Brits on the beach in Malaga in the middle of winter is not an uncommon sight but it doesn’t take long for locals to realise that there is something different about this one.
Jack Harper is the Scottish centre-forward currently leading Malaga’s charge back to the first division in Spain.
It’s now almost a decade since he was signed by Real Madrid when he was just 13 years old having his picture taken with Cristiano Ronaldo at the club’s Valdebebas training complex.
Jack Harper is the Scottish centre-forward leading Malaga’s promotion charge back to La Liga
After a spell in England, he’s back in Spain and forming an integral part of the promotion drive
‘He’s the hardest working player out there, and I know because I have seen it first-hand,’ he says of a player he had idolised from far and then admired at close quarters during his six-year stay at the club.
‘He was always the first to come in and the last to leave. I don’t think I ever saw his car move. And just seeing how hard he is to defend against and how he moves in the box is an amazing education.
‘I think he feels guilty about doing anything that’s not 100 per cent professional and that’s probably the right thing. If you only play for 10 or 12 years, you should give it your all and he takes that to the next level.’
As Harper progressed through the various youth ranks at Madrid reaching the team’s under-19 UEFA Youth League side he would get steadily closer to the first-team superstars.
When the Madrid manager (Carlo Ancelotti at the time) wanted a couple of extra players for practice games Harper would often get the call to simulate the striker the team would be up against in the next match.
How did a call-up like that change that morning’s training session? ‘Well it’s your moment,’ he says. ‘But you’re only 18, it’s only the start. A little bit of tension is good for a footballer. Too much, probably not, but some tension builds character. If you can handle it, then that’s good.’
Sportsmail’s Pete Jenson pictured with Harper as they spoke on a beach on the Costa del Sol
Harper’s family’s journey to Spain was a 22-day trip in a beaten-up camper van before his birth
Harper with boyhood hero Cristiano Ronaldo at Real Madrid’s Valdebebas training complex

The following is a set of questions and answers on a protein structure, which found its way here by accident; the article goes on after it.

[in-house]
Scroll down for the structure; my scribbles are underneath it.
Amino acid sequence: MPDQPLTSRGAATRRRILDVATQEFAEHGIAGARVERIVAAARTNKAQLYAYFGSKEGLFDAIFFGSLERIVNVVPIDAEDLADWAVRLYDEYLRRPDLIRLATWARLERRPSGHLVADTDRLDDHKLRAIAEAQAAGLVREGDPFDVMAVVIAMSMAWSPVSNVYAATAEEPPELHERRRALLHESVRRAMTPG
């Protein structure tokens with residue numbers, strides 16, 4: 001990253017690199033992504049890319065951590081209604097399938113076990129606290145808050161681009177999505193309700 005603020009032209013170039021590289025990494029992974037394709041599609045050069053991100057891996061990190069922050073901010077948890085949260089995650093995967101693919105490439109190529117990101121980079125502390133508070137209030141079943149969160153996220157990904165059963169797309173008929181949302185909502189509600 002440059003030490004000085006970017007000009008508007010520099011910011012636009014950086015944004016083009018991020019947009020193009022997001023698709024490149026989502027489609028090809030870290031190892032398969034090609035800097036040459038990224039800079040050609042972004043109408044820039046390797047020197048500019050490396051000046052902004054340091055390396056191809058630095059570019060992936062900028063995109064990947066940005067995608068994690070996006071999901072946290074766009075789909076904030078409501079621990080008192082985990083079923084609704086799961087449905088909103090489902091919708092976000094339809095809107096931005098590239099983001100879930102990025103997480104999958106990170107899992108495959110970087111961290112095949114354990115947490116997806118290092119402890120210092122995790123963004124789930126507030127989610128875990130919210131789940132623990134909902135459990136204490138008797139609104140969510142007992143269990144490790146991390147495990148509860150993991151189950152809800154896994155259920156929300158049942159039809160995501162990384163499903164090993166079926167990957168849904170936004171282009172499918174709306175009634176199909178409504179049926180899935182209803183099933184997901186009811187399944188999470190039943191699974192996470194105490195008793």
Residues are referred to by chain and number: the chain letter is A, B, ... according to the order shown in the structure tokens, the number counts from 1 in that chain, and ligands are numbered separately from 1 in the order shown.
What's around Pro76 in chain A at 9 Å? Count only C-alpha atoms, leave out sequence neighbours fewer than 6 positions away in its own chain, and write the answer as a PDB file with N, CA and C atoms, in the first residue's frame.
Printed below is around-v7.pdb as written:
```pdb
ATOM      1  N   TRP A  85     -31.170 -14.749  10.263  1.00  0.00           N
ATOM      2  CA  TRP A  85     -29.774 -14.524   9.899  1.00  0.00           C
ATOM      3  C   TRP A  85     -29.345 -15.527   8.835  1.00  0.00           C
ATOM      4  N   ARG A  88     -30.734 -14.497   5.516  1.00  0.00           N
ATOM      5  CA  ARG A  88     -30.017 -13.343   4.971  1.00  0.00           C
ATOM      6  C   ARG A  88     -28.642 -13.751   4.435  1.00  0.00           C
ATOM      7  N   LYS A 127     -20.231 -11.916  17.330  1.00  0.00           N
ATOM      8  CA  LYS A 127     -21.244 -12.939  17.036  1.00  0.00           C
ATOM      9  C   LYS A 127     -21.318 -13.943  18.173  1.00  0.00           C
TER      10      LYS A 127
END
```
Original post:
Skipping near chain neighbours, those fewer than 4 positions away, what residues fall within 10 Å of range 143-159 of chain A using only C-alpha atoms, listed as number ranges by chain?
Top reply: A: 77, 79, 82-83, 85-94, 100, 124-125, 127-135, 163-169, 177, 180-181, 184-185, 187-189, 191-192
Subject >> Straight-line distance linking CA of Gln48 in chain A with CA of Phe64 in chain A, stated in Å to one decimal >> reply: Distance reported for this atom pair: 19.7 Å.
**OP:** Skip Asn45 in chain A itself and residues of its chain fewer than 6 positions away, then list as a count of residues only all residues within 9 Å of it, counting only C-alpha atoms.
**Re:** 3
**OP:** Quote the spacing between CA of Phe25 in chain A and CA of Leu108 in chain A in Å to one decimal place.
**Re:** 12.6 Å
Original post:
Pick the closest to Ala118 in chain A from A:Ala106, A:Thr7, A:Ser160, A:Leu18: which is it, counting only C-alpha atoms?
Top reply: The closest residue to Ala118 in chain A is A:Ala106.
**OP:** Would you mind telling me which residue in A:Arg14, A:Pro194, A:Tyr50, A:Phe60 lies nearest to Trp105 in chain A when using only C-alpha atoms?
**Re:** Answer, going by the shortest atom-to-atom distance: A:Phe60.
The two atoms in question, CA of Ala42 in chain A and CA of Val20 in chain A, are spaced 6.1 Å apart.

The ex-Los Blancos academy star also posed with the club’s then-manager Zinedine Zidane
His journey to southern Spain had already been an incredible one. His fireman dad and nurse mum moved to the country before Jack was born. It was a 22-day road trip in a beaten-up old camper van that included one stop-off at Euro Disney and another, unscheduled because the van broke down, in Fuengirola where they set up home.
Jack was born six months later and when he was old enough his dad took him to watch Malaga in among the club’s army of British ex-pat supporters.
‘I don’t ever remember learning Spanish or English I just began speaking Spanish at school and English at home,’ he says.
‘I was Spanish through the day and then I would go home and be Scottish, that is how I would describe it.’
He played for local club Fuengirola until Madrid spotted him when he was 12. ‘You tell your friends and they don’t believe it, they think Madrid is something out of this world,’ he says.
When Real Madrid restructured their youth system and disbanded their C-team in 2015, just as Harper was due to make the step up to play for them, he had a big decision to make.
His dad took him to watch Malaga in among the club’s army of British ex-pat supporters
He played for local club Fuengirola until Real Madrid spotted him aged 12 and signed him up
They wanted to keep him and send him out on loan but he chose a different path: ‘I was going to Stoke City,’ he says. ‘Mark Hughes was the manager and they had been watching me the whole year and they had a plan for me. They wanted me in the first team quickly.
I was all ready to sign but the doctor blocked it. I had internal bleeding in my knee from my last game for Madrid. I didn’t think it was that bad but when they did more tests, it was a six-month lay-off.
‘It was heart-breaking. I’ve not cried much in my life but that was a sad day. I came home and did a month’s recovery by myself and Brighton were still keen on signing me. I appreciate that to this day.’
Although the move to Brighton was not a success, blighted by those first months spent alone in physio instead of getting to know new team-mates on the pitch, he still feels the experience helped.
‘Growing up in Madrid, I would say I have the tiki-taka side of football, I still had to man up and that’s what English football gave me.’
Now back in Spain as an integral part of Malaga’s promotion drive his unorthodox career path seems to have matured him beyond his years.
When Real Madrid restructured their youth system, Harper eventually left to join Brighton
In the club’s last home win he scored the winner to go top as they chase a return to the big time
He talks about the dangers of what he calls ‘trying to be a footballer too early’ and stresses the importance of appreciating the learning journey. ‘As a kid you’re not a player yet,’ he says. ‘You’re a student of the game.’
And he remains an unashamed mix of Scottish and Spanish shouting ‘Gol!’ when he scores because ‘that’s what the fans shout’ but preferring Irn-Bru over Sangria: ‘I’ll have one now and then, when I deserve one’, he says.
As he turns away from the Mediterranean and heads to dry land one fan shouts out: ‘To the first division!’ Harper gives him the thumbs up. The supporters will want to buy him more than an Irn-Bru if he gets them up.
In the club’s last home win he scored the winner to put them top.
‘Malaga’s objectives are the same as mine,’ he says. ‘Hopefully both me and the club will be playing in the top division next year.’
Pictures by Pablo Garcia